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Bike To School Event Touts Exercise, Need For More Infrastructure

Stan Jastrzebski

Bicycle enthusiasts used Friday’s third-to-last day of school as a chance to get more kids to bike to school -- and to raise awareness about how much is still to be done to make Lafayette truly accommodating to those on two wheels.

Crossing guard Judith Sierzputowski called kids by name as she saw them, but says it’s uncommon to see students on bikes.

“I only have a few," she says. "I have what I call the 'biker girls'. There’s two girls who bike almost every day – even in the winter in the ice and the snow they rode their bikes!”

But the 11-year veteran crossing guard says traffic is still a dangerous place for children to be, especially when drivers use cell phones behind the wheel. Bike to school organizers say they hope the “trains” of students riding with adult volunteers Friday will make drivers think twice about speeding or texting while driving.

About 30 students biked to Glen Acres Elementary School Friday. First grade teacher Shelly Tucker, who helped organize the event, says that’s many more than normal.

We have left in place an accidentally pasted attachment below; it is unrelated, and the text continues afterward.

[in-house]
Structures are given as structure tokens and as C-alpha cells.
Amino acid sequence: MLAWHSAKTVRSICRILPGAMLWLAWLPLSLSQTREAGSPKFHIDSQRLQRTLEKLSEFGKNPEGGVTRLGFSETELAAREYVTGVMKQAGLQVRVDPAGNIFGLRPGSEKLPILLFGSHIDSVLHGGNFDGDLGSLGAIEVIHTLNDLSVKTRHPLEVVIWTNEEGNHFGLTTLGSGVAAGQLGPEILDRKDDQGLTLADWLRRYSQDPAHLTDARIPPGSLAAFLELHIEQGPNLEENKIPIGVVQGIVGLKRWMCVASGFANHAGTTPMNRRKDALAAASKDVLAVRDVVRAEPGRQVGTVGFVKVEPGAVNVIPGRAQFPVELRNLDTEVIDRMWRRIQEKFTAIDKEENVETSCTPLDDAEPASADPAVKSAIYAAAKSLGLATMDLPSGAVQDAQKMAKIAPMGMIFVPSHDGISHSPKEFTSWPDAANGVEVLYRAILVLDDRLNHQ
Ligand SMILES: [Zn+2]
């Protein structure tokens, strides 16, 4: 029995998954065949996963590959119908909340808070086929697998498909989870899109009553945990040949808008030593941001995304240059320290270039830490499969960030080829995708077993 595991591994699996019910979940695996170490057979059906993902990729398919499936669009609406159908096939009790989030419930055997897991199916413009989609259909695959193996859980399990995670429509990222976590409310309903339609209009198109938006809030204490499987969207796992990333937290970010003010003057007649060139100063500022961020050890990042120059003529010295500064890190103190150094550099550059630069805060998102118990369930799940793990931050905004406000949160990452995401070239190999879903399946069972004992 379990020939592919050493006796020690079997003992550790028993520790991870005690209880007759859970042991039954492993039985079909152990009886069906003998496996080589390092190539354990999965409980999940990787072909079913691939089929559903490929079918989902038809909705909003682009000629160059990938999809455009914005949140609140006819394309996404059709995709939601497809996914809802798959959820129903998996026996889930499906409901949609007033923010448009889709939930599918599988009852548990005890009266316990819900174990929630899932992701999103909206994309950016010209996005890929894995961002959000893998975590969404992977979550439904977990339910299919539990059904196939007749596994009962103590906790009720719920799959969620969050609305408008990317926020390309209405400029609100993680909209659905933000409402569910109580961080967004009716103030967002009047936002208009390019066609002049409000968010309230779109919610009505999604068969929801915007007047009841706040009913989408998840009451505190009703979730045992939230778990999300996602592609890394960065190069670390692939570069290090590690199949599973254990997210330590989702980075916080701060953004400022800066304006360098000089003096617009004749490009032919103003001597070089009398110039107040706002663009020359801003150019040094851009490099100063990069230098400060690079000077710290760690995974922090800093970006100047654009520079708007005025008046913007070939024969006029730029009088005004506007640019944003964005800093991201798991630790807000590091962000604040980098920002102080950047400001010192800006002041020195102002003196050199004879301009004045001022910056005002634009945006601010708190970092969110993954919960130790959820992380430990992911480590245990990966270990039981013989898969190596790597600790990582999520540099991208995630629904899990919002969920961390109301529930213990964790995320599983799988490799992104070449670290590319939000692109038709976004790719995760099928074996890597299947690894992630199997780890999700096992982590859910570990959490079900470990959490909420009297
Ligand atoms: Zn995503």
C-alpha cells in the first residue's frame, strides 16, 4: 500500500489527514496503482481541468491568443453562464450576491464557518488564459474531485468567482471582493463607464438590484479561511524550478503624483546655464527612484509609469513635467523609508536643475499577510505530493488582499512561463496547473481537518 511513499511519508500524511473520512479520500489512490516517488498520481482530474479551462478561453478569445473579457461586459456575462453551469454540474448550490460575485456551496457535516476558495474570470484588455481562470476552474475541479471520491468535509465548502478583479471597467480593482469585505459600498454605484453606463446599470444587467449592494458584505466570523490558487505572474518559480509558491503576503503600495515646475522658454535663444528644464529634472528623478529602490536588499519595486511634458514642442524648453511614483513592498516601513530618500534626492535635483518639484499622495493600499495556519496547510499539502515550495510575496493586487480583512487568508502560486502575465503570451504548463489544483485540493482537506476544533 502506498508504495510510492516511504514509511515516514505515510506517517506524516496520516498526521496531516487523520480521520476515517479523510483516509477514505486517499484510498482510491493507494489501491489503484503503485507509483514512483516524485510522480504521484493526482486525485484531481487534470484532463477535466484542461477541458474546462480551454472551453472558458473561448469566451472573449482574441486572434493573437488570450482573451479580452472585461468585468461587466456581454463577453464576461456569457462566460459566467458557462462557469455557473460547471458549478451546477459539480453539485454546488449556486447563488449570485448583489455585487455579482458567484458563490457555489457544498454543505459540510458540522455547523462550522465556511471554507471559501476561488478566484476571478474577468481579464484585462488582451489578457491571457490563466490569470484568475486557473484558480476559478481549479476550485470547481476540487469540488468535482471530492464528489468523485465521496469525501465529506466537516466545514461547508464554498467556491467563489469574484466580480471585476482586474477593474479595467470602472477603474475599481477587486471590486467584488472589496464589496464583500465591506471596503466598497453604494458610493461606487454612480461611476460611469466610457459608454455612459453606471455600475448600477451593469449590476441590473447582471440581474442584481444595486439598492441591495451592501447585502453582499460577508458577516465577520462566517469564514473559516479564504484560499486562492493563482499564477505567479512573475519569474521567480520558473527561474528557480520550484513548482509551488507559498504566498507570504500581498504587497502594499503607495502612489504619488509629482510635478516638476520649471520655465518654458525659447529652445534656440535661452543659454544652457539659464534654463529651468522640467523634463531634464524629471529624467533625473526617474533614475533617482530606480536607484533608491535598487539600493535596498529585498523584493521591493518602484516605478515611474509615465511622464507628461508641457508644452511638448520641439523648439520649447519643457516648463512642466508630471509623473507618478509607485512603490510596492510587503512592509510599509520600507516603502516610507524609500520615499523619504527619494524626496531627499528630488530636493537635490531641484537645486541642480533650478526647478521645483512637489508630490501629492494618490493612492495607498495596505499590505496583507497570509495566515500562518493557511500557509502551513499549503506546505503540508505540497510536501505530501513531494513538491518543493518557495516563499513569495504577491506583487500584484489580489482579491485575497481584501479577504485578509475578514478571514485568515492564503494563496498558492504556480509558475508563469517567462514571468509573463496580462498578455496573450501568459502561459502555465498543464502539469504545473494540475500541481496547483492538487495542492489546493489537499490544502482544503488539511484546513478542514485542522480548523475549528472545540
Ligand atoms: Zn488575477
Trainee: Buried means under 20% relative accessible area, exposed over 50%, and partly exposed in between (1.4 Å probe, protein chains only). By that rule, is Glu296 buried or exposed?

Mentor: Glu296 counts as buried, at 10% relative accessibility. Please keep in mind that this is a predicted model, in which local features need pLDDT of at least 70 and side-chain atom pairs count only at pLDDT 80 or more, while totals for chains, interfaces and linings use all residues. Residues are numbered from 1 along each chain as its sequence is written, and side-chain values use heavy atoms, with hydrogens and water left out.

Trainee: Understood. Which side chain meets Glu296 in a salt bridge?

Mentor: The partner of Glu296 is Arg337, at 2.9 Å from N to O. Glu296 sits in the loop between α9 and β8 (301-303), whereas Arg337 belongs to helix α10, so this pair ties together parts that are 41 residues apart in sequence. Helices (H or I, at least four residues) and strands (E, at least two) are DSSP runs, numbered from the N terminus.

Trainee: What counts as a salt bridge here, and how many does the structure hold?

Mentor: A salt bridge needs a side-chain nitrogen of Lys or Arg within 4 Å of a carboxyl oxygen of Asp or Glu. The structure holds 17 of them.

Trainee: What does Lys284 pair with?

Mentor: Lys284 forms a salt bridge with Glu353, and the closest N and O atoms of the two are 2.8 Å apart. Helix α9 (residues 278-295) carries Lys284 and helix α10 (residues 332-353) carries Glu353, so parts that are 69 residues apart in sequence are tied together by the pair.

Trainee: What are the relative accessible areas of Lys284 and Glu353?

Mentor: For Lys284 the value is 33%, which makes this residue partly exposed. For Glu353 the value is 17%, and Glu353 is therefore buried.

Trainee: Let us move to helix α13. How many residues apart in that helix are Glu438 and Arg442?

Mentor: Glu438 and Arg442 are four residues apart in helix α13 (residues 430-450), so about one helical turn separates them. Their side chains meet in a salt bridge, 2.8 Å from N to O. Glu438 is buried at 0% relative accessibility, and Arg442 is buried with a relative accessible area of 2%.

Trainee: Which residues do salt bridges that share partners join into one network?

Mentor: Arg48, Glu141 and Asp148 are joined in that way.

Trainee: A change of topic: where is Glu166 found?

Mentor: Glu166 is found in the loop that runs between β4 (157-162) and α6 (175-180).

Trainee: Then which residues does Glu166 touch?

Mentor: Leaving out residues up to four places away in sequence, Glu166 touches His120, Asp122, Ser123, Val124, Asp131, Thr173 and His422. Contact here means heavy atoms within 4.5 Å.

“Yeah, we usually probably have about three or four bikes on a normal day,” she says.

Volunteers from organizations such as the United Way and Bicycle Lafayette helped organize bike “trains,” with adults cycling at the front and back. Bicycle Lafayette member Susan Schechter says it’s a good start, but the community can still do more to be bike-friendly.

“What has happened in real bicycling communities is they’ve identified safe routes and then they developed those as: these are bicycle-friendly streets. And they might even have some infrastructure – some hard-scaping to make it safer for cyclists, like little bump-outs and slow speeds and lots of stop signs.”

Bike lanes can be hard to come by in the greater Lafayette area. In West Lafayette, for example, only about one of every nine miles of road includes a bike lane.

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